Colombo meeting launches Sinhala translation of The Russian Revolution and the Unfinished Twentieth Century

By our correspondents
22 March 2016

The Socialist Equality Party (SEP) and the International Youth and Students for Social Equality (IYSSE) in Sri Lanka held a well-attended public meeting on March 15 to launch the Sinhala edition of David North’s The Russian Revolution and the Unfinished Twentieth Century.

The event was held at the Colombo Public Library Auditorium and attended by SEP members, workers, students and youth from various parts of the island. It opened with greetings delivered live from Germany by David North, chairman of the International Editorial Board of the World Socialist Web Site and the SEP in the US.

The audience listened intently as North praised the “intellectual effort, technical work and financial costs” involved in the Sinhalese translation of his book and paid tribute to the Sri Lankan SEP and its predecessor, the Revolutionary Communist League, for the decades of courageous struggle for revolutionary Marxism. North’s remarks were welcomed with enthusiastic applause.

SEP political committee and WSWS International Editorial Board member K. Ratnayake chaired the meeting with SEP general secretary Wije Dias delivering the main report.

Ratnayake explained North’s leading role in the theoretical and political struggle of the International Committee of the Fourth International (ICFI) and pointed out that The Russian Revolution and the Unfinished Twentieth Century was the latest of the author’s invaluable contributions to Marxism and Trotskyism.

The articles and lectures in the book, Ratnayake said, defended Marxist and Trotskyist principles against the historical falsifications of the Stalinists, Pabloites, post-modernists and pseudo-lefts.

The new publication presents “an objective picture of the 20th century,” Ratnayake said. “For revolutionary Marxists, studying history is not an academic exercise but an inseparable part of the revolutionary struggle against capitalism. This will immensely contribute to developing perspectives for the international working class against imperialist war and social counter-revolution.”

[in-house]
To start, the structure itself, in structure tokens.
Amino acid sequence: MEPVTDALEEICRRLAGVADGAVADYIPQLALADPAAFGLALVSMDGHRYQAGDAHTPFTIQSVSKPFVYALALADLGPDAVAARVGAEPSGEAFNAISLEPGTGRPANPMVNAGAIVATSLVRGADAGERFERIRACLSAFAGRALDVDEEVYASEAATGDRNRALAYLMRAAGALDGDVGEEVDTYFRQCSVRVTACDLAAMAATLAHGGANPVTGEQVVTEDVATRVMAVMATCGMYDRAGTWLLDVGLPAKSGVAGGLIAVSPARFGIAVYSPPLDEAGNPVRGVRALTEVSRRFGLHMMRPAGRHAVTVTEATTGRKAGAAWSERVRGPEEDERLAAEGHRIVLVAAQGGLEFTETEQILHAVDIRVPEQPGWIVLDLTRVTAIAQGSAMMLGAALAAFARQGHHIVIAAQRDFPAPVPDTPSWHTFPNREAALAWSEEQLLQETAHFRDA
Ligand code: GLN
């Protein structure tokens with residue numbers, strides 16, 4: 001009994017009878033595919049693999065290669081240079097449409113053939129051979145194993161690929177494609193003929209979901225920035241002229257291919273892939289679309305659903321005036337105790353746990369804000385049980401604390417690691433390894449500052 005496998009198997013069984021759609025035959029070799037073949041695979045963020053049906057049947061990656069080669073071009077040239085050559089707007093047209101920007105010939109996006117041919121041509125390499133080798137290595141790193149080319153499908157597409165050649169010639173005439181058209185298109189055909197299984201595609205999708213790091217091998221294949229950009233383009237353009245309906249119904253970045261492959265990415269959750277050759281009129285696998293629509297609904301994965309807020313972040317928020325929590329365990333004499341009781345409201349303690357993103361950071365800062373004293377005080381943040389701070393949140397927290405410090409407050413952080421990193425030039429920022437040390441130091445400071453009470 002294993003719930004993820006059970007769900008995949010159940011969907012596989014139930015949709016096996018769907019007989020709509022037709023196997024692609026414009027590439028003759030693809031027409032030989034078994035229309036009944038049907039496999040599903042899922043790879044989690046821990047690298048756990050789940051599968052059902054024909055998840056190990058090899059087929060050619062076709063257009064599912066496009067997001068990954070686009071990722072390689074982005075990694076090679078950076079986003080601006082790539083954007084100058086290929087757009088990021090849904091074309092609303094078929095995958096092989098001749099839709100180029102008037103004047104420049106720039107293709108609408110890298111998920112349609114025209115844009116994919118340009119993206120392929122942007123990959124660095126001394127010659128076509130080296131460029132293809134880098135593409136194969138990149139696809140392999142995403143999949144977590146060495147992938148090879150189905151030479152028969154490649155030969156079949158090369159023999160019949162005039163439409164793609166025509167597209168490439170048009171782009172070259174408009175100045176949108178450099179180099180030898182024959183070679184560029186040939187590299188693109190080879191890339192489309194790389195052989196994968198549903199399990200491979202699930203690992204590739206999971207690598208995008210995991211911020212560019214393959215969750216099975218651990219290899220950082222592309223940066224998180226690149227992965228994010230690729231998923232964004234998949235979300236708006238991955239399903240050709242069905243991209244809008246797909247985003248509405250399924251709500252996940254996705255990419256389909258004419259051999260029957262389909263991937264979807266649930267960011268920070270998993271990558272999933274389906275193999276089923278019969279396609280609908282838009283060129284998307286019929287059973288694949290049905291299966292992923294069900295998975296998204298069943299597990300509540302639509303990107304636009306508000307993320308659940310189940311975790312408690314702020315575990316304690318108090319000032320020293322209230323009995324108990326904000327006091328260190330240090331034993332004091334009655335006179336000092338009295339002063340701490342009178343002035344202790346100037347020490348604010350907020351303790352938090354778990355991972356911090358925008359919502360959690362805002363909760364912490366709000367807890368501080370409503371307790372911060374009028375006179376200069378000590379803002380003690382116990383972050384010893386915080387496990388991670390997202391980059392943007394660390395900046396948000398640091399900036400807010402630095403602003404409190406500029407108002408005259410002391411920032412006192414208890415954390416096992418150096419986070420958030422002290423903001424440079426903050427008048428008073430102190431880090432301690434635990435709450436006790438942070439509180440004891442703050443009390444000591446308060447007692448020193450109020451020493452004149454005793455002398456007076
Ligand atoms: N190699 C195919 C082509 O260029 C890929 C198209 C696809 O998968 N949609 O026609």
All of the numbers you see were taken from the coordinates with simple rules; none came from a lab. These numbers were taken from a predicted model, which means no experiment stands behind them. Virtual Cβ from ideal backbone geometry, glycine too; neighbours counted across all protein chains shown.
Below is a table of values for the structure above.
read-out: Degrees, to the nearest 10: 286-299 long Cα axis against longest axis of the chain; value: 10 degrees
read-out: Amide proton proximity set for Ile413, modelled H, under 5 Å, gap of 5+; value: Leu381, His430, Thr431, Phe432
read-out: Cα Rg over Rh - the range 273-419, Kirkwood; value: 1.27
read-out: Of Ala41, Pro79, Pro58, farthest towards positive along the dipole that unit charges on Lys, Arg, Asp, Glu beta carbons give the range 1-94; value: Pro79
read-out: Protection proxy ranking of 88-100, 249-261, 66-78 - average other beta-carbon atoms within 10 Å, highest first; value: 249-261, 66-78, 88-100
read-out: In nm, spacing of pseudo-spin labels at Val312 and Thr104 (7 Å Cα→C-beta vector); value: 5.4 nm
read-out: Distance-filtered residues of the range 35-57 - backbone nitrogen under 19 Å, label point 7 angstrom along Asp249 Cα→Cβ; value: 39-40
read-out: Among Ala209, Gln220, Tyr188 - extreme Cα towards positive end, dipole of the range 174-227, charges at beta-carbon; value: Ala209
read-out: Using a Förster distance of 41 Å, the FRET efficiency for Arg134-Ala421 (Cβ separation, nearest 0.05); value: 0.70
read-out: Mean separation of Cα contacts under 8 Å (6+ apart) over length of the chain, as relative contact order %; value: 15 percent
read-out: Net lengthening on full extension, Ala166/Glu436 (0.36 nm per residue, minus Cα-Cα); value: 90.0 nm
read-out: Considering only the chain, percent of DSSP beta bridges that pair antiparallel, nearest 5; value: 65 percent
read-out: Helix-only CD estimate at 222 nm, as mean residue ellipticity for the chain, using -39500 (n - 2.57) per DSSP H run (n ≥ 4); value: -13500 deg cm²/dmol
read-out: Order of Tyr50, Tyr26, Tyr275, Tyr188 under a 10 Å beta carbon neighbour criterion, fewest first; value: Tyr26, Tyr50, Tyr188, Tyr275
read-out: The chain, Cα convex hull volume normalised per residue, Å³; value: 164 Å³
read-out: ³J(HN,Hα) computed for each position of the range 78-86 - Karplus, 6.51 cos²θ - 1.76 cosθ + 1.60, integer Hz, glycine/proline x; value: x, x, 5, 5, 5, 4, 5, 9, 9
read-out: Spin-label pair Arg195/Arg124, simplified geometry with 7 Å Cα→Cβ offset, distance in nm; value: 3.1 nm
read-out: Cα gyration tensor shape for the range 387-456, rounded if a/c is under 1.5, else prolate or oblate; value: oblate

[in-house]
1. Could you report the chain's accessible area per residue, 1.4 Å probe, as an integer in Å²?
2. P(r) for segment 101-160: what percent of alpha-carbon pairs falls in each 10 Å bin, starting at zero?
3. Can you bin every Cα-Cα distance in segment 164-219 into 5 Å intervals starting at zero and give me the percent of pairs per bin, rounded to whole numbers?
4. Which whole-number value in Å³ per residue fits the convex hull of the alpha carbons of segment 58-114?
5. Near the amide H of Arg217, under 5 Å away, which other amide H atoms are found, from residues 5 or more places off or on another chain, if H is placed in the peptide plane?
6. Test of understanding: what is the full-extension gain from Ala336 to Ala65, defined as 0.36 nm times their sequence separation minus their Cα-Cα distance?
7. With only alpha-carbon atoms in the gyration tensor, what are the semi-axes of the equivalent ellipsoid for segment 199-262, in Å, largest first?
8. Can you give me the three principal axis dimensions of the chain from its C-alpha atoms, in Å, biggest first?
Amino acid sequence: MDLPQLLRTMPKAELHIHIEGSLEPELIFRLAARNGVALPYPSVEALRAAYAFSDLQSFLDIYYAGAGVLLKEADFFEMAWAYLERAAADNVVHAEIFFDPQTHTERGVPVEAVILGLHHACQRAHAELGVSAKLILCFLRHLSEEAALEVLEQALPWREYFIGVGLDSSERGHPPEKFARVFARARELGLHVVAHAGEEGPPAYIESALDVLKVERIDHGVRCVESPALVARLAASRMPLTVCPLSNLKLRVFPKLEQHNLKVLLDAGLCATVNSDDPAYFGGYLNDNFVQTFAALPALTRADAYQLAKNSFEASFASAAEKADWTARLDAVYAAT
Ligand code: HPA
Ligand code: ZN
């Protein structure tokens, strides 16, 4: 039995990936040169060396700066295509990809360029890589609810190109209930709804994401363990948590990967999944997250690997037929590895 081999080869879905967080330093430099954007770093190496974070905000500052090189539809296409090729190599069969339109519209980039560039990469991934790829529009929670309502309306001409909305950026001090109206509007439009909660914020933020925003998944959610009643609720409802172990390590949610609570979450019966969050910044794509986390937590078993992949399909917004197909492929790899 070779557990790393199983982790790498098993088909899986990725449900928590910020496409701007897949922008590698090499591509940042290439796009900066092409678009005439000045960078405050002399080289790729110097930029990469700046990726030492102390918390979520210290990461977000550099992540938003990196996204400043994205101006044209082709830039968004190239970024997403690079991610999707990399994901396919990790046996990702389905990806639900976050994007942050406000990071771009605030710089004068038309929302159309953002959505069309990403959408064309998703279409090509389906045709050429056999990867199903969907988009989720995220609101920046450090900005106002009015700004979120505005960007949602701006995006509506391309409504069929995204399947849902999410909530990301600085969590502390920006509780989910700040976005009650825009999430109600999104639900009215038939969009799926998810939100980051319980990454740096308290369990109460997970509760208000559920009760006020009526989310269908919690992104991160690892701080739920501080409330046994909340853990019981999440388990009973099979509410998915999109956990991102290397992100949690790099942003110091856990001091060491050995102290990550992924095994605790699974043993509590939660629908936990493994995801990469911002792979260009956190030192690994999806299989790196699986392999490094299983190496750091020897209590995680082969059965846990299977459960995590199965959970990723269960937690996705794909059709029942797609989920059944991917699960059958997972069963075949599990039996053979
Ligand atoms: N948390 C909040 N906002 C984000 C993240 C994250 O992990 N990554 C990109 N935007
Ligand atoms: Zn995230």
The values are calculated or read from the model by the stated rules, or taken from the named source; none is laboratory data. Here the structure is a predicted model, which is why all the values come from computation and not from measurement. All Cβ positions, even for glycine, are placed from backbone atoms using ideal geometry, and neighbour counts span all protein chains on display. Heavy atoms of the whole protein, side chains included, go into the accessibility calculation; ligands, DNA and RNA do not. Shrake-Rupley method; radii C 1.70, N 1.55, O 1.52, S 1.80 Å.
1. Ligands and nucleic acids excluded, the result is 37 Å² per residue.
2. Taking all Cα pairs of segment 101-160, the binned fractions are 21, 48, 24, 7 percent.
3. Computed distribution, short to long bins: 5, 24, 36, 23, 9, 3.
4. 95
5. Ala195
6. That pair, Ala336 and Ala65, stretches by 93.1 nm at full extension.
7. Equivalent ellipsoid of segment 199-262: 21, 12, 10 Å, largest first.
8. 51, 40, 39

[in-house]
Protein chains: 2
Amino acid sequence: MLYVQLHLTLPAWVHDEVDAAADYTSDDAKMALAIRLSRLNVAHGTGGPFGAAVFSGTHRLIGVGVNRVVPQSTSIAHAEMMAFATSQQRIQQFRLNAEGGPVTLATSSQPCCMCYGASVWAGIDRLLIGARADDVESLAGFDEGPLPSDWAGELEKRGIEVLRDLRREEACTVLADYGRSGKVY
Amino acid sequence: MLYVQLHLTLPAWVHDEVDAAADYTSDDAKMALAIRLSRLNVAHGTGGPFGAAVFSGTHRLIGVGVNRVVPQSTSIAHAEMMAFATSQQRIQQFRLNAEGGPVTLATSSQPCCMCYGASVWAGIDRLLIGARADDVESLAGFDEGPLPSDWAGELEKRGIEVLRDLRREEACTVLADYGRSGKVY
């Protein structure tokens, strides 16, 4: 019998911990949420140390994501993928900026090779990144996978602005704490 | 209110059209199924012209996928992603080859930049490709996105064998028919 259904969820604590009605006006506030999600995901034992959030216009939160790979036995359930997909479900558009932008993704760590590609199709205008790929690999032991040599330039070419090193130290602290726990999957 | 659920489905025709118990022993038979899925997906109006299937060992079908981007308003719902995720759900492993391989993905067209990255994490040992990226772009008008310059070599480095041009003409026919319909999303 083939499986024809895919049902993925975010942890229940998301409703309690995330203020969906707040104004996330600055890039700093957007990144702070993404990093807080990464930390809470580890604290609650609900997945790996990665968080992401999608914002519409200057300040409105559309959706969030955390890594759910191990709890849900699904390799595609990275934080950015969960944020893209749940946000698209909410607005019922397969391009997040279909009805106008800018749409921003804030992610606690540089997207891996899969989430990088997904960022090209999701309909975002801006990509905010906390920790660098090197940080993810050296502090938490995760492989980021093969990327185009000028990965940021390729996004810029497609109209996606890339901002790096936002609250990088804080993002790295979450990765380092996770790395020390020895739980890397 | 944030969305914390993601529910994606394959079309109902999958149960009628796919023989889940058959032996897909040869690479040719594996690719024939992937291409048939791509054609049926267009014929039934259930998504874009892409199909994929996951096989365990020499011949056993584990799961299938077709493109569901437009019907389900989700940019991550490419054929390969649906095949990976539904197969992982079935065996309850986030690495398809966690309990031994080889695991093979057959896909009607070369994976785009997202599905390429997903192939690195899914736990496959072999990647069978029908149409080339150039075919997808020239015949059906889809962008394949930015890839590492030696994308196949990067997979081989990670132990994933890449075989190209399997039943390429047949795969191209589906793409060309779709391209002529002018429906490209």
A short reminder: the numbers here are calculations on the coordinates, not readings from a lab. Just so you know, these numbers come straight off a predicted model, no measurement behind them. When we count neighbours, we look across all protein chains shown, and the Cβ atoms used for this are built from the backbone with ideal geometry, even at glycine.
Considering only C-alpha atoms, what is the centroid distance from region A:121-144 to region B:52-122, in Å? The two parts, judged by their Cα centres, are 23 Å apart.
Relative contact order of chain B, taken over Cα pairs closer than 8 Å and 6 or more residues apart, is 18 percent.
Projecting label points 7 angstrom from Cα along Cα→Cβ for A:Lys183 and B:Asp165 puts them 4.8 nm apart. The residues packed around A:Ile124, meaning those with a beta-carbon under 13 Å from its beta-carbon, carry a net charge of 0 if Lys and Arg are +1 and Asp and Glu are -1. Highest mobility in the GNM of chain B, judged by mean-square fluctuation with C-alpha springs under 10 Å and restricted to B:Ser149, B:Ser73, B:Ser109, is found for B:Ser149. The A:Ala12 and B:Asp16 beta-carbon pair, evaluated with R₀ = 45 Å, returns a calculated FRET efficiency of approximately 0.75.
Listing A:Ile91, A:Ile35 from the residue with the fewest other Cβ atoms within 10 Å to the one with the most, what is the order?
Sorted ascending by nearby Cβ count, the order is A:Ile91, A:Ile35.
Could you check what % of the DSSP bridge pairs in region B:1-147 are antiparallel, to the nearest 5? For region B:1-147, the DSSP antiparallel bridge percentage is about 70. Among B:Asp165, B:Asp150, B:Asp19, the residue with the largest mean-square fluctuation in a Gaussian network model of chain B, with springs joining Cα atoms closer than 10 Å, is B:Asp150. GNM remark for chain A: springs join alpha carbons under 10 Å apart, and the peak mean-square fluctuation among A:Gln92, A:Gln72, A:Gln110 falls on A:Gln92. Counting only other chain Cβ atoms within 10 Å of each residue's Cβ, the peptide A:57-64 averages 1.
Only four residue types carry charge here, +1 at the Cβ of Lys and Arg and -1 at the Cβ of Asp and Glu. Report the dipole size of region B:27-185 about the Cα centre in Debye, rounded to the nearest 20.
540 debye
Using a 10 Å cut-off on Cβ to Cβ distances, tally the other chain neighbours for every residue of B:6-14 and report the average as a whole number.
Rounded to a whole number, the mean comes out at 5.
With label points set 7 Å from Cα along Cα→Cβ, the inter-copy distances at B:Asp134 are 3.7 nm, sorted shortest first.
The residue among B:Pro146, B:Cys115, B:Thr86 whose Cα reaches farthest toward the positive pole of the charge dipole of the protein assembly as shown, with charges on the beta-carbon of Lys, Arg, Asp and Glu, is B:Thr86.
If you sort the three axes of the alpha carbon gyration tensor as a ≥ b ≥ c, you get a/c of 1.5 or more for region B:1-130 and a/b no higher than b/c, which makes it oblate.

Delivering the main report, SEP general secretary Dias paid tribute to Mehring Books for the original compilation and publication of North’s work. The speaker quoted a section from the original foreword, which insisted that the exposure of the key historical falsifications in the 20th century was “a weapon in the revolutionary struggles of the future.”

Dias told the meeting that the “penetrating theoretical and political expositions” in North’s book were derived from the systematic study of the strategic experiences of the interventions made by the Marxist movement, including the ICFI, in the international class struggle over one and three quarter centuries.

“Social revolutionary theory is developed by critically analysing the social practice of mankind, which, in turn guides the social practice to a higher level at the next stage. It is in this sense that this book serves as a ‘weapon in the revolutionary struggles of the future.’

“Opportunists reject this dialectical relationship between social practice and theory,” Dias said. “Like all other opportunist tendencies throughout the world, the Frontline Socialist Party in Sri Lanka claims in one of its publications Akshaya (The Axis), that ‘the challenge faced by the lefts today, is to make the tasks of activists and theoreticians coincide.’

“Society is split into two distinct categories, with activity and theory like two rails running parallel and separate from each other but brought to coincide by the pseudo-lefts. This theory, which is divorced from the material basis of the class struggle, is a recipe to opportunistically bring together different class forces and politically derail the mass movement,” Dias said.